The Future Of All Of Us

Many women live a constant cycle of death and life, powerful as the tide, that comes unrelenting in strength and destruction. They barely have a choice to resist, to defy. It comes every morning, every moment, every few weeks, every time they see a child that reminds her of her stolen one. Everything lost, mocked, accused, denied. The next moment is a choice, whether it is worth it to accept the next breath. Or to just let go. It is crawling on her knees in thorny unforgiving gravel, sand in her nostrils, dust caked in her eyelids and lungs. Scavengers on the fringe threaten to take over her undecided body, temptingly close to death. Her spirit flees and returns. It flies to the stratosphere, almost and on the brink of eternity. As the fabric stretches and begins to tear, her spirit glimpses her kidnapped, malnourished, stolen, starving, forgotten children, and that Large Impending Purpose. When her spirit renewed turns back and enters her body once again, she scrapes herself forward and up, enough to make darkness shiver. But not enough to satisfy the woman’s lust of breakthrough. Her children groan, in a matching vomit of misery. Taunting hope. Incompetant salvation. Oxidizing breaths. Life-cycle-inducing sunglow. Again and again she dies and lives. And you never knew. She washed her face and reapplied the mascara perfectly. You thought she didn’t know any better, she lives in a hut made of sticks and mud after all. You thought she didn’t deserve to aspire. She talks loudly and with an attitude. Her hair is different. You had no idea there was such a large cultivation in the oppressed, persecuted woman, rows furrowed and tilled by her knees, soil mineralized by her tears, carefully weeded, prepared, hemmed in, expanded by this great overcoming energy, femme.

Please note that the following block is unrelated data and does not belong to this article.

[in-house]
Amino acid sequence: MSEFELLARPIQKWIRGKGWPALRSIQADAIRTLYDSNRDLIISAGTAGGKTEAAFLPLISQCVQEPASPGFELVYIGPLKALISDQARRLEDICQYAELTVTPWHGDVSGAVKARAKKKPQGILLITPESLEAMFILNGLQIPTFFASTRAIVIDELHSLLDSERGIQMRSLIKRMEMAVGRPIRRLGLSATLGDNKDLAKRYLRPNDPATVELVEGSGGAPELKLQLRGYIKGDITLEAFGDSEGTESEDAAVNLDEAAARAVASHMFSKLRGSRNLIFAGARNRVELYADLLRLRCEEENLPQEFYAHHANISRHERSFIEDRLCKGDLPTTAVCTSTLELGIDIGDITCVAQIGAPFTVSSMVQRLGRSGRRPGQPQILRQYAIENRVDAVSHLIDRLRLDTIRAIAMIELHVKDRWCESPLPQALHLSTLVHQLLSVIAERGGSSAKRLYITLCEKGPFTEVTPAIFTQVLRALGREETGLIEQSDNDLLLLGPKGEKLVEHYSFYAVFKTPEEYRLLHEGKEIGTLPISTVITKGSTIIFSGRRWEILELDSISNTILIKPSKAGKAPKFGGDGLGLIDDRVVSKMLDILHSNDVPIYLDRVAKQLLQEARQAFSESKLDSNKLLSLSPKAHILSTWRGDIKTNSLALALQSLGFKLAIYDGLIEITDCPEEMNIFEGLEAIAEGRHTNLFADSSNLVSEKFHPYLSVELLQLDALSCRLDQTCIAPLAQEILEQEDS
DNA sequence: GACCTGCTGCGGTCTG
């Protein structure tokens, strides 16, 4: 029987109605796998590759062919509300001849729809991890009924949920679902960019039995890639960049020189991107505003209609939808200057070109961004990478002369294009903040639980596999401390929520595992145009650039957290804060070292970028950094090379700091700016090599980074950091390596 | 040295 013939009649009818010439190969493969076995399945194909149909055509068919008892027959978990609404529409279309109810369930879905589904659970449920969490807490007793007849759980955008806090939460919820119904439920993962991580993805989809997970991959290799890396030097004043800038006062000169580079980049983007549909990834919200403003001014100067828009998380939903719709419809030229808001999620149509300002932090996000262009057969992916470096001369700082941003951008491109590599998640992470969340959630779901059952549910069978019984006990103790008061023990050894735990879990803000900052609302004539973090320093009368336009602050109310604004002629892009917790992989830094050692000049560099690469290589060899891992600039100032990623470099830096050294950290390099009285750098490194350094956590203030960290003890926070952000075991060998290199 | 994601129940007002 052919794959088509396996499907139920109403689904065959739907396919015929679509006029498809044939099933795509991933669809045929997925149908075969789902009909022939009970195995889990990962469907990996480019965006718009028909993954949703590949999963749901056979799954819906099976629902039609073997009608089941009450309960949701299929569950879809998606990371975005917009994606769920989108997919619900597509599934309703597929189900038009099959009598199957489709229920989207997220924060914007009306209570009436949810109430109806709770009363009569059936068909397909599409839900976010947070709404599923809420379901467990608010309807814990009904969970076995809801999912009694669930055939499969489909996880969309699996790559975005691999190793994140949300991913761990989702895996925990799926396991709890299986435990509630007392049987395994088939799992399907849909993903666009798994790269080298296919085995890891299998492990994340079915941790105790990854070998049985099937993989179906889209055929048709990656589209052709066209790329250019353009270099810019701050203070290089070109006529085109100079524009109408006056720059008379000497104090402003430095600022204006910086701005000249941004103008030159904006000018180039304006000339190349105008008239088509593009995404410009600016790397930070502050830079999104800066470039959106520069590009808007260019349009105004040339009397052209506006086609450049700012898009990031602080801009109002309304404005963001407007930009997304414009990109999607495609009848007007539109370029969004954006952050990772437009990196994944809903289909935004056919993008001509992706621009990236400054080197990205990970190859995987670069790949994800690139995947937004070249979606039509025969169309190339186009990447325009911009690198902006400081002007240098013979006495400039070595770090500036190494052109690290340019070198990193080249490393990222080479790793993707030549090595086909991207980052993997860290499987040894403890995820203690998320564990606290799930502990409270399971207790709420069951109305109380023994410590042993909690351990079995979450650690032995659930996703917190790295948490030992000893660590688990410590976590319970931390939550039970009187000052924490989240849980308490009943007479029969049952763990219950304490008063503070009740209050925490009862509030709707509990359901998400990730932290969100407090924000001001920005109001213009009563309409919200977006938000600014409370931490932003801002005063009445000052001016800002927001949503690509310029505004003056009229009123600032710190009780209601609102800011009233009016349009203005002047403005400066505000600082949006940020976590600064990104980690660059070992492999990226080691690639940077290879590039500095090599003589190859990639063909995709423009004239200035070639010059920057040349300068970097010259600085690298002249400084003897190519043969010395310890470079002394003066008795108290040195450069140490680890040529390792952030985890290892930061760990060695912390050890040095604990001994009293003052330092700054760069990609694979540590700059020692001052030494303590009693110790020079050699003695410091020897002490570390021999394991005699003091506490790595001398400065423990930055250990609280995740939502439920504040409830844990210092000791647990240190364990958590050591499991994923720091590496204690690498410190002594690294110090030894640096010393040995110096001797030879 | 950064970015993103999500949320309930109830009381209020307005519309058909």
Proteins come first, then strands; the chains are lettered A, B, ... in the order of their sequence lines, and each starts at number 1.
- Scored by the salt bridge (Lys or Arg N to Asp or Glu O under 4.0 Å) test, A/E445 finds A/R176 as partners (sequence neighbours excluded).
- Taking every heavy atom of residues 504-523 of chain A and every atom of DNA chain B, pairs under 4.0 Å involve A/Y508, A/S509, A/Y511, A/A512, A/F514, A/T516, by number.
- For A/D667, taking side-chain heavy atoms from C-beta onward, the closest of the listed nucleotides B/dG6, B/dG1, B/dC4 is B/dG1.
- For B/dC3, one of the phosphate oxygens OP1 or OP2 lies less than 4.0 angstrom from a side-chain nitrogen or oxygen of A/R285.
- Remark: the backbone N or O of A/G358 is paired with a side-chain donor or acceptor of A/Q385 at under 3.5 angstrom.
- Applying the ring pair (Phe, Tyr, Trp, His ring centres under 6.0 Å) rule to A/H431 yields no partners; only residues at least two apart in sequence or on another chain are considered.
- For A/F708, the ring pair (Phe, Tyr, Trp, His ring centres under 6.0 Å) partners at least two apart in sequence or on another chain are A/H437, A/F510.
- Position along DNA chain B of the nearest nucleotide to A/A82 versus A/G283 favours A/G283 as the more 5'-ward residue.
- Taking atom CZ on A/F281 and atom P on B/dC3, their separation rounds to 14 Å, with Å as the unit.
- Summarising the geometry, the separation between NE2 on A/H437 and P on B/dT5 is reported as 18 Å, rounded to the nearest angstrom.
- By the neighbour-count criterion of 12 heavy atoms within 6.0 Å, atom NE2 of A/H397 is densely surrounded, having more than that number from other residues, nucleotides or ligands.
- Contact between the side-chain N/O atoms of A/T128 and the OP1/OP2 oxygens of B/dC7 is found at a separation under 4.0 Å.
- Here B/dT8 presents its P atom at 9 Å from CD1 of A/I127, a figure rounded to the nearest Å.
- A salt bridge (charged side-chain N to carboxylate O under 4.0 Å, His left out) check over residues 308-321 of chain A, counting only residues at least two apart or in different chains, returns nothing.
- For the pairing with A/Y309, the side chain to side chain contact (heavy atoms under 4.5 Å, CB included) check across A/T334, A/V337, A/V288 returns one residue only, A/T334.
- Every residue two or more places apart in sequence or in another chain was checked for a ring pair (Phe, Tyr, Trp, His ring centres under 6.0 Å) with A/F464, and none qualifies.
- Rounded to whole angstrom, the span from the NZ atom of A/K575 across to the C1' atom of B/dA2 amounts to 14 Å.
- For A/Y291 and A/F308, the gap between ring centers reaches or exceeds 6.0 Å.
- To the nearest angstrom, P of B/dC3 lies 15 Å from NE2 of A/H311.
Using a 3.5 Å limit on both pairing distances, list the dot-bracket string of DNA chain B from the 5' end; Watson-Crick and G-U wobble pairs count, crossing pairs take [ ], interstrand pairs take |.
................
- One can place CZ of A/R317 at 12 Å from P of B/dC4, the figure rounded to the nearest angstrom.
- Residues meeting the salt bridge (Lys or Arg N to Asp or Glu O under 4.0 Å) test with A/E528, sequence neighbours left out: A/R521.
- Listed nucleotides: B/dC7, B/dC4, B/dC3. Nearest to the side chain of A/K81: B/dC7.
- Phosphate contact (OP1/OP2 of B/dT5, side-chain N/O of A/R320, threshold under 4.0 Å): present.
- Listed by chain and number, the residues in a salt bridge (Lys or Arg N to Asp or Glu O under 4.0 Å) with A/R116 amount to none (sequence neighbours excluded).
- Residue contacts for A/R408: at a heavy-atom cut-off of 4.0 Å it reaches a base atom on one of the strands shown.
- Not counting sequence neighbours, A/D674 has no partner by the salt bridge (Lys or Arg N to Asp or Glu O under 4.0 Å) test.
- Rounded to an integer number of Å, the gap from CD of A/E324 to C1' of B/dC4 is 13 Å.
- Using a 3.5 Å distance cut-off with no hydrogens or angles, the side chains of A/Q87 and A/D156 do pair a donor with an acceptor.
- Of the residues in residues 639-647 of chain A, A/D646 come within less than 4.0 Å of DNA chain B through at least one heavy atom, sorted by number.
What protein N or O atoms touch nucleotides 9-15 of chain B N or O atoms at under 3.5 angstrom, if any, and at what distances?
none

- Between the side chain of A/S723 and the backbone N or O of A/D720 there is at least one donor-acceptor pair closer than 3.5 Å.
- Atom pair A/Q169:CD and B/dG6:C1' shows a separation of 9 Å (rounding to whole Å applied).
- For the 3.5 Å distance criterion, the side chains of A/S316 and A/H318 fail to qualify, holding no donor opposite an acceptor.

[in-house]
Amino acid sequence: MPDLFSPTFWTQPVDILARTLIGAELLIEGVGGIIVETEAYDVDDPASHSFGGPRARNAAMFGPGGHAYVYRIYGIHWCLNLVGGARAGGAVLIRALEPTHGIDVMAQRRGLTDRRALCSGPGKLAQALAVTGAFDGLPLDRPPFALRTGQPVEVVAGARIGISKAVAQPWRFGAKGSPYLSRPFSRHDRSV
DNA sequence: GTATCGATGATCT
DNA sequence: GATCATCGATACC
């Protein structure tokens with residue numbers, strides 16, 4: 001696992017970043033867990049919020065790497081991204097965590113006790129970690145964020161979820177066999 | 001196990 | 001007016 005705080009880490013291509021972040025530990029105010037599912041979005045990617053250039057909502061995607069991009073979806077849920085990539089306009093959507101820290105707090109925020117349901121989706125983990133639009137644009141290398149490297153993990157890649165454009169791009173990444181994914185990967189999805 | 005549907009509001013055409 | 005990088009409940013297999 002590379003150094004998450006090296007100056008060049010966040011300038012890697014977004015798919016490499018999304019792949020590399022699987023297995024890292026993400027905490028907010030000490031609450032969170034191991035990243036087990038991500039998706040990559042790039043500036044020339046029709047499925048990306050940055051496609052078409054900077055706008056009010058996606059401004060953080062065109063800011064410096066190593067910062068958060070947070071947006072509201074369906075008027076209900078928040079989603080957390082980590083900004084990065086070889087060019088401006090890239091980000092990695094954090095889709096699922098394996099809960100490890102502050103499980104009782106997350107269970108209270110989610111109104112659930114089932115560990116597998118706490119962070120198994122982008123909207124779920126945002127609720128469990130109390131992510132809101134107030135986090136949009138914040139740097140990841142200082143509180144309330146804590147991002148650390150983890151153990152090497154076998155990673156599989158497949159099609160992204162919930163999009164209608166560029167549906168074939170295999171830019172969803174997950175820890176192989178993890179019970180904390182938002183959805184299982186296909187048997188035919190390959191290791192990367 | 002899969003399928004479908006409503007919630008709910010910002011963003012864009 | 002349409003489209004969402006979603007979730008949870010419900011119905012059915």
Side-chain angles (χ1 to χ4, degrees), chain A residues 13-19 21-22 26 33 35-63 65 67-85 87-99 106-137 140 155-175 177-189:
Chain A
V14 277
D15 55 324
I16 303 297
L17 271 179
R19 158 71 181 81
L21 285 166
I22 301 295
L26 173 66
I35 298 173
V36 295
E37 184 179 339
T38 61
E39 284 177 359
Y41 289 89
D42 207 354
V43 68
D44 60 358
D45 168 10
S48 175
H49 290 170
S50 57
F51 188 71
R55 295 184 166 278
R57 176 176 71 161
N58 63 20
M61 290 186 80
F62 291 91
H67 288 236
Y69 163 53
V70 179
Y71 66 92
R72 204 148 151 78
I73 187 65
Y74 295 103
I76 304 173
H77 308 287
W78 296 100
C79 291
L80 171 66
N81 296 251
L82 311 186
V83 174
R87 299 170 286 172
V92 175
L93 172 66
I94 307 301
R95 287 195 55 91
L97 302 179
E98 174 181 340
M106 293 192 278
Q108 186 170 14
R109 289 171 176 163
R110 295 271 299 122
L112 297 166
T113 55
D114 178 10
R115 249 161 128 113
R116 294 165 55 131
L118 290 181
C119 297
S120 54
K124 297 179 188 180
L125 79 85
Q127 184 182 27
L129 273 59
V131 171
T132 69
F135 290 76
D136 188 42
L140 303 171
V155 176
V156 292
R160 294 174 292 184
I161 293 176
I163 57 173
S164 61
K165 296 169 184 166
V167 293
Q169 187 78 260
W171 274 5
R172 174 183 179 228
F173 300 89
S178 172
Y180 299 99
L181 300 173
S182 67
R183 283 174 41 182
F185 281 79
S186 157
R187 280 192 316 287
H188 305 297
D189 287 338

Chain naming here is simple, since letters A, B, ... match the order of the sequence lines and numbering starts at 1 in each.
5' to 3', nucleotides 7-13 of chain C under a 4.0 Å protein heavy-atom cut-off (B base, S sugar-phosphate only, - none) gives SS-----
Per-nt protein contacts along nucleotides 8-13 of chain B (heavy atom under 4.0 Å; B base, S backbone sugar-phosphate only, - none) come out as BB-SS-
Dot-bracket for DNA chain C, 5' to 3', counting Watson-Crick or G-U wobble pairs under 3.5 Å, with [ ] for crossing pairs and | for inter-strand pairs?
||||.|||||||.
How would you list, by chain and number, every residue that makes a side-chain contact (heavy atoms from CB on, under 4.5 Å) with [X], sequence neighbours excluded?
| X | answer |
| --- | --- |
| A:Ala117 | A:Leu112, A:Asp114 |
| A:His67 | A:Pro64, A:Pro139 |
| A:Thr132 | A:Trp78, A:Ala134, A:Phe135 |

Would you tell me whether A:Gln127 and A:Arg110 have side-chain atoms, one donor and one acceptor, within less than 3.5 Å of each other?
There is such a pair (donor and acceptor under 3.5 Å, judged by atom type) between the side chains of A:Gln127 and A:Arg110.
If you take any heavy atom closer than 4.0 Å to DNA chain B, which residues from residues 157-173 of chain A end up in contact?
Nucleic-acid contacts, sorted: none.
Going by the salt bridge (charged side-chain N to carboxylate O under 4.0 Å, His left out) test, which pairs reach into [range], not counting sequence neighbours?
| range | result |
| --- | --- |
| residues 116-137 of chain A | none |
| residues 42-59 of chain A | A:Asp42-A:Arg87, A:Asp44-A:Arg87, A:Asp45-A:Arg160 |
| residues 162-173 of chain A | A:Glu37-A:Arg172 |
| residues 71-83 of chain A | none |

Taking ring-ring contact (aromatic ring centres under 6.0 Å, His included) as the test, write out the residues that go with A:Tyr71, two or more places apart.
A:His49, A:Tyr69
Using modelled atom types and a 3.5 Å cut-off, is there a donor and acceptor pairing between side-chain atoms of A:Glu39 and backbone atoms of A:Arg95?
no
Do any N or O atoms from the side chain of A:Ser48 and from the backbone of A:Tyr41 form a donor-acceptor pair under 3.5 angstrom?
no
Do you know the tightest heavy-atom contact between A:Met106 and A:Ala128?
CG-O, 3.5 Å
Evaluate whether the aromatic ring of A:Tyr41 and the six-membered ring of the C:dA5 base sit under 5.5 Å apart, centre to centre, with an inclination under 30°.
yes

Protector and unifier of tribes.

The future of all of us.


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